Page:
“I want to be sure,” Face said.


“I’m sure,” Murdock said.


“You have intermittent memory loss and you’re delusional,” Face said.  “How can you be sure?”


“How do you know you’ll wake up in the morning?” Murdock asked.


“I don’t,” Face said.


“Doesn’t keep you from sleeping though,” Murdock said.


“Well, that’s kind of creepy,” Face said.


“I’m just saying that I know you and you know me,” Murdock said.  “And if we didn’t have any trust between us, well, we’d be like insomniacs, counting cracks in the ceiling or going over every little mistake we’ve ever made, or we’d work third shift or be caffeine-addicted, or whatever, but my point is, because I do have one, stop rolling your eyes, is we trust that we’ll wake up in the morning, because the alternative is that we die in our sleep…Whoa, that is kinda creepy.”


Face did not reply for a moment and then he grinned and said, “Is that just a round about way of asking if I’ll sleep with you?”


“Not without kissing me first,” Murdock answered. 


“Okay,” Face said and he approached Murdock again, placing his hands on Murdock’s waist.


“Okay?” Murdock repeated.  Face nodded, hands soaking in the warmth of Murdock’s skin through the thin fabric of his t-shirt.  Easy enough, this part, bodies just brushing each other, feeling the nervous stutter of Murdock’s in-drawn breath as his hands slipped around to Murdock’s back, pulling their bodies together, chest and hip.  Face’s thoughts were alternately urging him forward and shrieking at him to fall back, but his heart was where it had been for the past fifteen years, very firmly in Murdock’s trust.  He tilted his face up to meet Murdock’s and kissed him for the first time, and the second, and the third, and until he completely lost count, until they blurred together in a languor of open mouths, soft lips, and eager tongues.  They kissed until they were breathless and weak-kneed and aching.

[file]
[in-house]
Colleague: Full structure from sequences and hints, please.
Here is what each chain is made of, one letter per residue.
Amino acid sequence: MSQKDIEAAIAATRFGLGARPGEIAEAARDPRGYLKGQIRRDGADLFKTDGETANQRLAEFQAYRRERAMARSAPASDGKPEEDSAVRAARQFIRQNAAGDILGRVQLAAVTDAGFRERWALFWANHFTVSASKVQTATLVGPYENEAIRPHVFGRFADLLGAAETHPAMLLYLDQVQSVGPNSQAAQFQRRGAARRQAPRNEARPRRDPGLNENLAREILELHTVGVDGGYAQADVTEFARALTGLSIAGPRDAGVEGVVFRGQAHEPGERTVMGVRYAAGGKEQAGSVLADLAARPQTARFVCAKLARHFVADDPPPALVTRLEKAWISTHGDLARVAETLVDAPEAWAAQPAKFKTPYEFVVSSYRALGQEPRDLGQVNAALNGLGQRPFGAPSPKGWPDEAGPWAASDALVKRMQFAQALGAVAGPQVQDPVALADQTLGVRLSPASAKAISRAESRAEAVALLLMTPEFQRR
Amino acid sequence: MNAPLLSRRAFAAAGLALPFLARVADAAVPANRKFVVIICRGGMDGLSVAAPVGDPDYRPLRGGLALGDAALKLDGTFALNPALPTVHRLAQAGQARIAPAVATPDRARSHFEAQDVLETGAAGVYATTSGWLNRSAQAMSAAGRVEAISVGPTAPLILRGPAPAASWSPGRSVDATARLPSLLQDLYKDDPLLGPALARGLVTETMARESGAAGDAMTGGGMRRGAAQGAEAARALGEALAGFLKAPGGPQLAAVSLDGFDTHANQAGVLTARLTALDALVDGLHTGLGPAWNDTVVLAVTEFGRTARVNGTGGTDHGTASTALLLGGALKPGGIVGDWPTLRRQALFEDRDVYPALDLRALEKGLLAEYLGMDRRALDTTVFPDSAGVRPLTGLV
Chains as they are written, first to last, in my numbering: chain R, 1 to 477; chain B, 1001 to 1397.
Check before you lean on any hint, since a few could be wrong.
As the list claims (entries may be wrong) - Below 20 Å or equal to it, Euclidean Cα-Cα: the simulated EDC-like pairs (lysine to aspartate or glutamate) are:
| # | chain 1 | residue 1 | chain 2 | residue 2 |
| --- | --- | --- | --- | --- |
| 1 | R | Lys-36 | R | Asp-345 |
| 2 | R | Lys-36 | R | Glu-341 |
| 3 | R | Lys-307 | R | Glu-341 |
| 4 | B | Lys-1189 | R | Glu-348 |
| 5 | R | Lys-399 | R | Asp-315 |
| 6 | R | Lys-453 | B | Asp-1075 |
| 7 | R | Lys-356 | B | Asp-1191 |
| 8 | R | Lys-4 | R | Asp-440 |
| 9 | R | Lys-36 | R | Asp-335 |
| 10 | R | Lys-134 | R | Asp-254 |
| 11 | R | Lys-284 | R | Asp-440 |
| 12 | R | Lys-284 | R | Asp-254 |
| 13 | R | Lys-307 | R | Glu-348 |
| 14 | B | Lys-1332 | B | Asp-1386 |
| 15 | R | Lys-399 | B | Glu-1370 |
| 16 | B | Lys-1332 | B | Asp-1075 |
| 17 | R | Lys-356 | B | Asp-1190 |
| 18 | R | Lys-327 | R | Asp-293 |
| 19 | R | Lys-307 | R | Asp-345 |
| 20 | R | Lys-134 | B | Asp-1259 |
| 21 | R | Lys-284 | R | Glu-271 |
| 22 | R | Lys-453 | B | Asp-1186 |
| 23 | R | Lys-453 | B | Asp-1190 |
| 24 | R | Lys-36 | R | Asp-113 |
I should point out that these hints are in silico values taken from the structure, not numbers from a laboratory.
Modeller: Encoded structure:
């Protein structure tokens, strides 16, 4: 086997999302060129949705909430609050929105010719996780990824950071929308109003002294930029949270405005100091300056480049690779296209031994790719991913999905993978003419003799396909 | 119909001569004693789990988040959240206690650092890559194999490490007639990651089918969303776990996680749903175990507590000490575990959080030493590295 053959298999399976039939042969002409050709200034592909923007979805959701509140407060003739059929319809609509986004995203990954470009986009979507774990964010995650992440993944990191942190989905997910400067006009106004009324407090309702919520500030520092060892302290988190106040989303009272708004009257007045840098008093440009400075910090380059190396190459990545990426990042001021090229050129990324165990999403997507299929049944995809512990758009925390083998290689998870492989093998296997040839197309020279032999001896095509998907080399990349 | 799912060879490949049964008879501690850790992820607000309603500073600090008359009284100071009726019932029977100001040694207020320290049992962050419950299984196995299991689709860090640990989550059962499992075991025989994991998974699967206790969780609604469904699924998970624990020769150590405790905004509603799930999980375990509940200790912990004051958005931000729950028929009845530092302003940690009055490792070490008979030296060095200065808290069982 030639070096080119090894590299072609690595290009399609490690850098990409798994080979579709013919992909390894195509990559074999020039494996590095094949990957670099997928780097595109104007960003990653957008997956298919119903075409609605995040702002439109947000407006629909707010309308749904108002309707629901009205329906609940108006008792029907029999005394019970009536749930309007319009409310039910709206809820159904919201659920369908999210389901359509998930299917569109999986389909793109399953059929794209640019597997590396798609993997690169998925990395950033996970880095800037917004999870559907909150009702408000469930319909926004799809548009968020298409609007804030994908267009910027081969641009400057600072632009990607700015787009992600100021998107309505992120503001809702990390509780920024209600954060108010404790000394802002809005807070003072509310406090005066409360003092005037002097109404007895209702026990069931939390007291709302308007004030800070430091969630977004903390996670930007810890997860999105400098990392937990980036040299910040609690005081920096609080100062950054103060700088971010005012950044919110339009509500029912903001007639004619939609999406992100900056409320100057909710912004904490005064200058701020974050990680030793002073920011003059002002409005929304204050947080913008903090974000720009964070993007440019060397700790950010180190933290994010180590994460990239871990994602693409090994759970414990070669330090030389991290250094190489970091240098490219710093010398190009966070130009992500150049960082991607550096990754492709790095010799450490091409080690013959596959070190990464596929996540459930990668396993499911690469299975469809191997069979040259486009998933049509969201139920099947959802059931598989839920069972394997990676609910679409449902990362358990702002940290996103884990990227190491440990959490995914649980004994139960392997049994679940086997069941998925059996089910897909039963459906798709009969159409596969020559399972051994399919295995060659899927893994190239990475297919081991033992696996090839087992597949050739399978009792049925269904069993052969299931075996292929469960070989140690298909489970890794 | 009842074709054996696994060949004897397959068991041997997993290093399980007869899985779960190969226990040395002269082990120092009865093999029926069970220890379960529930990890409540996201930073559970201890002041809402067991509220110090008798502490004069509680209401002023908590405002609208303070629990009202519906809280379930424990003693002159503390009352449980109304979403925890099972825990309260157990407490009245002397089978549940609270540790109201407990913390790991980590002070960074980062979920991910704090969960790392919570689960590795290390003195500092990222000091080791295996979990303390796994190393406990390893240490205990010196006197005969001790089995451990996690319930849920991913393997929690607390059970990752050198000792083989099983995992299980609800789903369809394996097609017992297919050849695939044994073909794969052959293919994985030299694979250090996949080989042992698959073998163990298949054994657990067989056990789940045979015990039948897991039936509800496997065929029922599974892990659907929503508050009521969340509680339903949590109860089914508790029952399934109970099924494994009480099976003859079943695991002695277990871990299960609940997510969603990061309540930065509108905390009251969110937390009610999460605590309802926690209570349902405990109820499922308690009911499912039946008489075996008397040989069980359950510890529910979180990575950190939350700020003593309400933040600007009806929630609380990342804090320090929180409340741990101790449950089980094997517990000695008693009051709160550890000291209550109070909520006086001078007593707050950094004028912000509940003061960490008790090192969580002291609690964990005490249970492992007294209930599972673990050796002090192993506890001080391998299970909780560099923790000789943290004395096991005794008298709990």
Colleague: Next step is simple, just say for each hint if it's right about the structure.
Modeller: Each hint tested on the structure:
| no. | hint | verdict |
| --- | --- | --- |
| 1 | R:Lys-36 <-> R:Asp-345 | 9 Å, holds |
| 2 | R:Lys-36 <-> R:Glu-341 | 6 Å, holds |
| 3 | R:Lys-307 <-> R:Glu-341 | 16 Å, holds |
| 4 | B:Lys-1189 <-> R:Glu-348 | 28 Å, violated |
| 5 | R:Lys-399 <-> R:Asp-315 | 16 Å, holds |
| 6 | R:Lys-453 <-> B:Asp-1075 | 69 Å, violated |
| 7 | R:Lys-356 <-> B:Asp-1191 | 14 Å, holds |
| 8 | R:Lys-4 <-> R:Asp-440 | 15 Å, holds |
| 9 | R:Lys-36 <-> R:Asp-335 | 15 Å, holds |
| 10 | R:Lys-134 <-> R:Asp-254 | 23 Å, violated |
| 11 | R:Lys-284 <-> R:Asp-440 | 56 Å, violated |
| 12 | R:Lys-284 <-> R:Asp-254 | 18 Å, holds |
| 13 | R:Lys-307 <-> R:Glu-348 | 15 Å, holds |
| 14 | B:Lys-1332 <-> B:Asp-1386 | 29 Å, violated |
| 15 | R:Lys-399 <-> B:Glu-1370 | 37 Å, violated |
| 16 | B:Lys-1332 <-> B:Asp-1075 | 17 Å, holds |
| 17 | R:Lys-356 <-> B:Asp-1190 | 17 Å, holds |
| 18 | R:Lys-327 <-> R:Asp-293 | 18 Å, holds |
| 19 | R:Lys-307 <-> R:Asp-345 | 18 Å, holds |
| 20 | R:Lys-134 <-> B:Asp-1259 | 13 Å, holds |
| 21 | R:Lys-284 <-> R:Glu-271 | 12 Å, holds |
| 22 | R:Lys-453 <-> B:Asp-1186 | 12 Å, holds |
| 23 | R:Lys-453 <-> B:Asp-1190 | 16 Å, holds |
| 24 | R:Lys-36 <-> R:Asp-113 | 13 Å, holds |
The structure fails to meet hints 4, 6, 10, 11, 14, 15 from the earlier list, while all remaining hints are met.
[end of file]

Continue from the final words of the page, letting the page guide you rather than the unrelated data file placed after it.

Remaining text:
Later, as Murdock snored quietly in his ear and sprawled in a way that suggested he was not accustomed to sharing a bed, Face watched a sliver of light from an outdoor light play on the ceiling and listened to the rhythm of Murdock’s breathing in comforting contrast to the rain on the roof and windows.  Face was warm and sleepy and thoroughly sated but not quite ready to admit the day was over and go to sleep. Murdock stirred and moaned and blinked sleep-blurred eyes at Face.


“You’ll ruin my analogy if you don’t go to sleep,” he muttered.


“It’s been a really good day,” Face said. Murdock rubbed his stubbled chin against Face’s shoulder.


“Tomorrow will be better,” he said.  Face was helpless not to believe it and closed his eyes.




Points For Spelling by Lachesis